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Search engine optimisation (SEO)
Improve your Search engine optimisation (SEO) with our hub page
Use our hub pages as a reference to get up-to-speed on all the main digital marketing techniques. They will help you quickly understand how to make the most of the technique through definitions and recommendations on our member resources and blog articles covering strategy, best practices and the latest statistics.
Our recommendations on SEO best practice
Search Engine Optimisation (SEO) is arguably THE most cost-effective digital marketing technique, but also the most challenging to get right. Our SEO resources are aimed at marketers who need to ask the right questions to get better results from SEO whether they are working on SEO themselves or they have an in-house or agency SEO resource.
This primer is not for SEO specialists, it’s to help those that manage agencies or in-house SEO resources or DIY SEO know the right questions to ask to get better value and better returns from SEO.
Managing SEO fast start checklist
Successful SEO Guide – 7 Steps to Success
SEO Strategy audit
SEO planning and analysis – a 12 part series
Update to SEOMoz SEO Ranking Factors
SEO in 10mins. Is that possible?
Search engine optimisation (SEO) quick guide
Search engine optimisation (SEO) success factors
Success in SEO is dependent on understanding the most important SEO ranking factors which give you the best position and then working hard to perform better than competitors.
It’s also important to stay up-to-date on the updates Google makes – we cover the major updates in our weekly enewsletter.
Google has some good basic resources on SEO success factors. This video is useful for small and startup businesses this video .
Google’s Head of Webspam Matt Cutts also has a good video introduction which is useful when training others.
This extract shows the efforts from 2005 to 2012 to manually remove Spam.
For a more scannable form see our in-depth 7 Step Guides or this free 2012 SEO Starter Guide from Google .
Some useful new summaries of SEO best practice from 2013 are:
Search engine optimisation (SEO) definition
Search engine optimization (SEO) involves achieving the highest position or ranking practical in the natural or organic listings as the main body of the search engine results pages (SERPS) across a range of specific combination of keywords (or keyphrases) entered by search engine users.
As well as listing pages which the search engine determines as relevant for the search performed based on the text it contains and other factors such as links to the page, the SERPs also contain other tools which searchers may find useful. Google terms these tools part of a strategy known as Universal or blended search .
The Natural or organic listings are the pages listing results from a search engine query which are displayed in a sequence according to relevance of match between the keyword phrase typed into a search engine and a web page according to a ranking algorithm used by the search engine.
The advantages of SEO for marketing
The main benefits of SEO are:
1. Highly targeted. Visitors are searching for particular products or services so will often have a high intent to purchase â€“ they are qualified visitors.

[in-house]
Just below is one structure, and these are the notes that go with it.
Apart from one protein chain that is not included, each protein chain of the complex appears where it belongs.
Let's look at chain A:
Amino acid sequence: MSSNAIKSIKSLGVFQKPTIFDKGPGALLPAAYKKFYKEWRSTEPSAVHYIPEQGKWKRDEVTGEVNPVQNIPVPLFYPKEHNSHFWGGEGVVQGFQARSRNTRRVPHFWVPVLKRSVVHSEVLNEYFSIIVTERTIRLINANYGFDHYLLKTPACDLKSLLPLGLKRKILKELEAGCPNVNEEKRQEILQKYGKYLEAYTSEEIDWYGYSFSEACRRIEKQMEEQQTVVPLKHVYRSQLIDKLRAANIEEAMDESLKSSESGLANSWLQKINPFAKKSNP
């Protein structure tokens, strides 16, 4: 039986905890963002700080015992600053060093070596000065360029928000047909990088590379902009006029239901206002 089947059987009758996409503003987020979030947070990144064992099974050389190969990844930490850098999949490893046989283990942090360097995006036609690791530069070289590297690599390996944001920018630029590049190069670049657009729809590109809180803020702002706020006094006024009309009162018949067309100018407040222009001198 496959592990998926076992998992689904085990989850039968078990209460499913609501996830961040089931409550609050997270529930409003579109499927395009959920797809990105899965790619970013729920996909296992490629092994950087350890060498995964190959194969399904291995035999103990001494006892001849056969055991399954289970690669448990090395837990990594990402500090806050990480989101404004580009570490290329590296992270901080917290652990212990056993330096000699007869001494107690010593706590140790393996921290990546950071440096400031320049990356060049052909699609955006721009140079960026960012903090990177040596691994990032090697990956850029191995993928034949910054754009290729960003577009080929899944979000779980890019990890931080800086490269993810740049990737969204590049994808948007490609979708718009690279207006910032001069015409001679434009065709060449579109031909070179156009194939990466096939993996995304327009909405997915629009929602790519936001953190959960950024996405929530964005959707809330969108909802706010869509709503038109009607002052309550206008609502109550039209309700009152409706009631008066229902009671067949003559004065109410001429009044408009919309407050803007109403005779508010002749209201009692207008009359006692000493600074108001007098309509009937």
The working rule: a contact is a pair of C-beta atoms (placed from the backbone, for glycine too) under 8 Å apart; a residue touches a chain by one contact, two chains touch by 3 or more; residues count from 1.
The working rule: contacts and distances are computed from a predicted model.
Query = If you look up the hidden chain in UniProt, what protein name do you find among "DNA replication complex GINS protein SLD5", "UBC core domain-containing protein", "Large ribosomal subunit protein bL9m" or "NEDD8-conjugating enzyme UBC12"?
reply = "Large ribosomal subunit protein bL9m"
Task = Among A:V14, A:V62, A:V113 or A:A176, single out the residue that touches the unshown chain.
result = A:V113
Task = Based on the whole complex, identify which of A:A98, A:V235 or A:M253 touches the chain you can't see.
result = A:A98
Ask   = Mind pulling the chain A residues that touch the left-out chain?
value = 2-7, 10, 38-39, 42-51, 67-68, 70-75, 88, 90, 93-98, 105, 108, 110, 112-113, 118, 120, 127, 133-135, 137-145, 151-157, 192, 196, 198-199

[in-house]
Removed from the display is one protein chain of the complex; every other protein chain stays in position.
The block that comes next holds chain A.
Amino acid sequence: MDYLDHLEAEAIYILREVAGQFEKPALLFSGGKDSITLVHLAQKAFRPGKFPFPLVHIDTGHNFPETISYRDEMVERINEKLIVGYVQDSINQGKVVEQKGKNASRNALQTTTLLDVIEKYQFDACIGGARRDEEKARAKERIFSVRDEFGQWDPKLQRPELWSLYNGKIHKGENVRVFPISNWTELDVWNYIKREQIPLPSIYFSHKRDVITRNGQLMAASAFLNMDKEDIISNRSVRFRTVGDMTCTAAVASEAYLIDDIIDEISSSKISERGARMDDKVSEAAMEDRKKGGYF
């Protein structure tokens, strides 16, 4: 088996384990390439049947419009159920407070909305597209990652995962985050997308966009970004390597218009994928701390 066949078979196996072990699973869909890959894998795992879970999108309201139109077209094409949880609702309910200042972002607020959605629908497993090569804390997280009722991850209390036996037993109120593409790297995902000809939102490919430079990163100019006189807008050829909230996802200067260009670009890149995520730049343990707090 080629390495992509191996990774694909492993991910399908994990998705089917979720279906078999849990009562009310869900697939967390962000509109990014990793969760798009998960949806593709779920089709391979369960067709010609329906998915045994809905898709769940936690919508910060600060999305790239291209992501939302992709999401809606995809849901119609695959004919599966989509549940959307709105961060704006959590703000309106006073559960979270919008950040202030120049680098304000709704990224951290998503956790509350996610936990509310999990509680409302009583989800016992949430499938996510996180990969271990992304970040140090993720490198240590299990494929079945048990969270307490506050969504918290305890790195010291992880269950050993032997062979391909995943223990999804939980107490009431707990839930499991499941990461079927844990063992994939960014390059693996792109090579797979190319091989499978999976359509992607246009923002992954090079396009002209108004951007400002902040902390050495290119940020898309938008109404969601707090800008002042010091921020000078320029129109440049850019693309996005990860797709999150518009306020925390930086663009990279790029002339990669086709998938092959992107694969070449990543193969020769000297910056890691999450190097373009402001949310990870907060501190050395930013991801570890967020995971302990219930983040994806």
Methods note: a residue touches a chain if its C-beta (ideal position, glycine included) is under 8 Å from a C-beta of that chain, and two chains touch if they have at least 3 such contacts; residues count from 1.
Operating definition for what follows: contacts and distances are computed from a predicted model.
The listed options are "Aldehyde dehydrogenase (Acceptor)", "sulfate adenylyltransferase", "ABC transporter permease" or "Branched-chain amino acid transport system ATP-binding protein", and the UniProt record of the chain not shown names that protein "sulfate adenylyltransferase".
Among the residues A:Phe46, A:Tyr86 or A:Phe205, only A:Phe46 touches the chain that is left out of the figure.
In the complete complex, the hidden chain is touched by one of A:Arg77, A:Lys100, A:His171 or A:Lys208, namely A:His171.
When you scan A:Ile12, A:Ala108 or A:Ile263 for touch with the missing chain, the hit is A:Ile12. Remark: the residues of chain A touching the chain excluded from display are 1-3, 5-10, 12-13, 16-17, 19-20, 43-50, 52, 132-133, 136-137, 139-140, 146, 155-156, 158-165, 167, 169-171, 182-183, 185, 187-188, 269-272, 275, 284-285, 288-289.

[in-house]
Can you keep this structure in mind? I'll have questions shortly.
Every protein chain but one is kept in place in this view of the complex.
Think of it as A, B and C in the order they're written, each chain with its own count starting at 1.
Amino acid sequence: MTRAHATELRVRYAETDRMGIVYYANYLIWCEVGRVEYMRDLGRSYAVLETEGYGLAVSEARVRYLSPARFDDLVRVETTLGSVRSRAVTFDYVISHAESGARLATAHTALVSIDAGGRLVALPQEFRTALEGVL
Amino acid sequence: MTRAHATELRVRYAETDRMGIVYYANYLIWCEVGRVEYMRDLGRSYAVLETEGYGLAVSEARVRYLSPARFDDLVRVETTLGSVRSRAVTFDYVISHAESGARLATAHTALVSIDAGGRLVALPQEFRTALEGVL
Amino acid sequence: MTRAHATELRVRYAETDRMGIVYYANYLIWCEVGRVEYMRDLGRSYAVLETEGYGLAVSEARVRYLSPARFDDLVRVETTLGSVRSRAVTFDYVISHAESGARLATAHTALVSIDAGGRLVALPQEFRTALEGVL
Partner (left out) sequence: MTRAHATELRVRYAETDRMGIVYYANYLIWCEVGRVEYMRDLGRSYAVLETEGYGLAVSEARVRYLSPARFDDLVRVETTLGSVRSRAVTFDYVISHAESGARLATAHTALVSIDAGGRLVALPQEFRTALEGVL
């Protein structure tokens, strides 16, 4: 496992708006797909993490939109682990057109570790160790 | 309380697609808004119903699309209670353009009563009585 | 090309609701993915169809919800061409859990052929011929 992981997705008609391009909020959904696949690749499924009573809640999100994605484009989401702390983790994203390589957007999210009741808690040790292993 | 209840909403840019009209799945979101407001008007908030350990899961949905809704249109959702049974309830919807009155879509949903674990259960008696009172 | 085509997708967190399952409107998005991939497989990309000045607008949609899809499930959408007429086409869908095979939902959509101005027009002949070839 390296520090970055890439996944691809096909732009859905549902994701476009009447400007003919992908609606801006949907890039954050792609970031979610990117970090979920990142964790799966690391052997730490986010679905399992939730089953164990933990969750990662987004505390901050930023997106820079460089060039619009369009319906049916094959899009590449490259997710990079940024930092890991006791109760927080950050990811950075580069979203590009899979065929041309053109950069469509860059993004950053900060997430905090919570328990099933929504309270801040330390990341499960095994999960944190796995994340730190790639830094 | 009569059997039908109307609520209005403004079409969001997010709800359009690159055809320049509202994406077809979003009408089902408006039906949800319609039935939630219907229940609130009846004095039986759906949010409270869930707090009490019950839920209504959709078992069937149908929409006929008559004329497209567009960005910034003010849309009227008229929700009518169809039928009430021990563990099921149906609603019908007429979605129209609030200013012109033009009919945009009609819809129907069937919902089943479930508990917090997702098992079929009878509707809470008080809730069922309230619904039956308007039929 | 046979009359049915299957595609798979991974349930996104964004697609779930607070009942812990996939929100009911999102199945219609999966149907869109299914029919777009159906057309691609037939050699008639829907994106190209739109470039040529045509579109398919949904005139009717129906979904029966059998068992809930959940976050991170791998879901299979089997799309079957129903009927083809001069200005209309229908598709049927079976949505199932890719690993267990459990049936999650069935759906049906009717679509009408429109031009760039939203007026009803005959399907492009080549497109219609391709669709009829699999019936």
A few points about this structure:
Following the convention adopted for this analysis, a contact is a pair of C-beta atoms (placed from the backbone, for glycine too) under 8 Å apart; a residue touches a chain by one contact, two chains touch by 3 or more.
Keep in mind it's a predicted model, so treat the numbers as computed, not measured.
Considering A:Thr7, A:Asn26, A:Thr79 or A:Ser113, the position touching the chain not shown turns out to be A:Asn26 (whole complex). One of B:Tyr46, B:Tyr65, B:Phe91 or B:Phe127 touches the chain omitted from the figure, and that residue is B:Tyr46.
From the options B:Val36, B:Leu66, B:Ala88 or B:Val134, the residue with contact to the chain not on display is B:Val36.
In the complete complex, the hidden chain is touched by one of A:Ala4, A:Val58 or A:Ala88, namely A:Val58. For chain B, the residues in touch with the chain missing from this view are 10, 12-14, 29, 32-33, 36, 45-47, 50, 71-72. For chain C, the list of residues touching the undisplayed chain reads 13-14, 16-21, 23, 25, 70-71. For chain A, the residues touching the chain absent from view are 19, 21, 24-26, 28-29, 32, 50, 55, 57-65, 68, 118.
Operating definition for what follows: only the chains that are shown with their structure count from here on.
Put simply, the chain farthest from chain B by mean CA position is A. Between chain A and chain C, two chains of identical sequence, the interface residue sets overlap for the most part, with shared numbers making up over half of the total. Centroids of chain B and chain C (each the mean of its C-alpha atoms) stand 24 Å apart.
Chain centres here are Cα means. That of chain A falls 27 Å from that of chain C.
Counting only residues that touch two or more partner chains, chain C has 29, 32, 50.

2. Potentially low cost visitors. There are no media costs for ad display or clickthrough. Costs arise solely from the optimisation process where agencies are paid to improve positions in the search results.
3. Dynamic. The search engine robots will crawl the home page of popular sites daily, so new content is included relatively quickly for the most popular pages of a site (less so for deep links).
Disadvantages of SEO
Despite the targeted reach and low cost of SEO, it is not straightforward as these disadvantages indicate:
1. Lack of predictability. Compared with other media SEO is very unreliable in terms of the return on investment â€“ it is difficult to predict results for a given investment.
2. Time for results to be implemented. The results from SEO may take months to be achieved, especially for new sites.
3. Complexity and dynamic nature. The search engines take hundreds of factors into account, yet the relative weightings are not published, so there is not a direct correlation between marketing action and results â€“ “it is more of an art than a science “. Furthermore the ranking factors change through time.
4. Ongoing investment. Investment needed to continue to develop new content and generate new links.
5. Poor for developing awareness in comparison with other media channels. Searchers already have to be familiar with a brand or service to find it. However, it offers the opportunity for less well-known brands to â€˜punch above their weight’ and to develop awareness following clickthrough.
Remember also, that search engine marketing is only one online digital communications tool. For established brands, we commonly see from web analytics that more than half of site visitors arrive at a site, not through search engines, but directly through typing in the web address or following a bookmark (web analytics tools label these as â€˜no referrer’). The volume of direct visitors shows the power of branding, PR and offline communications in driving visitor traffic.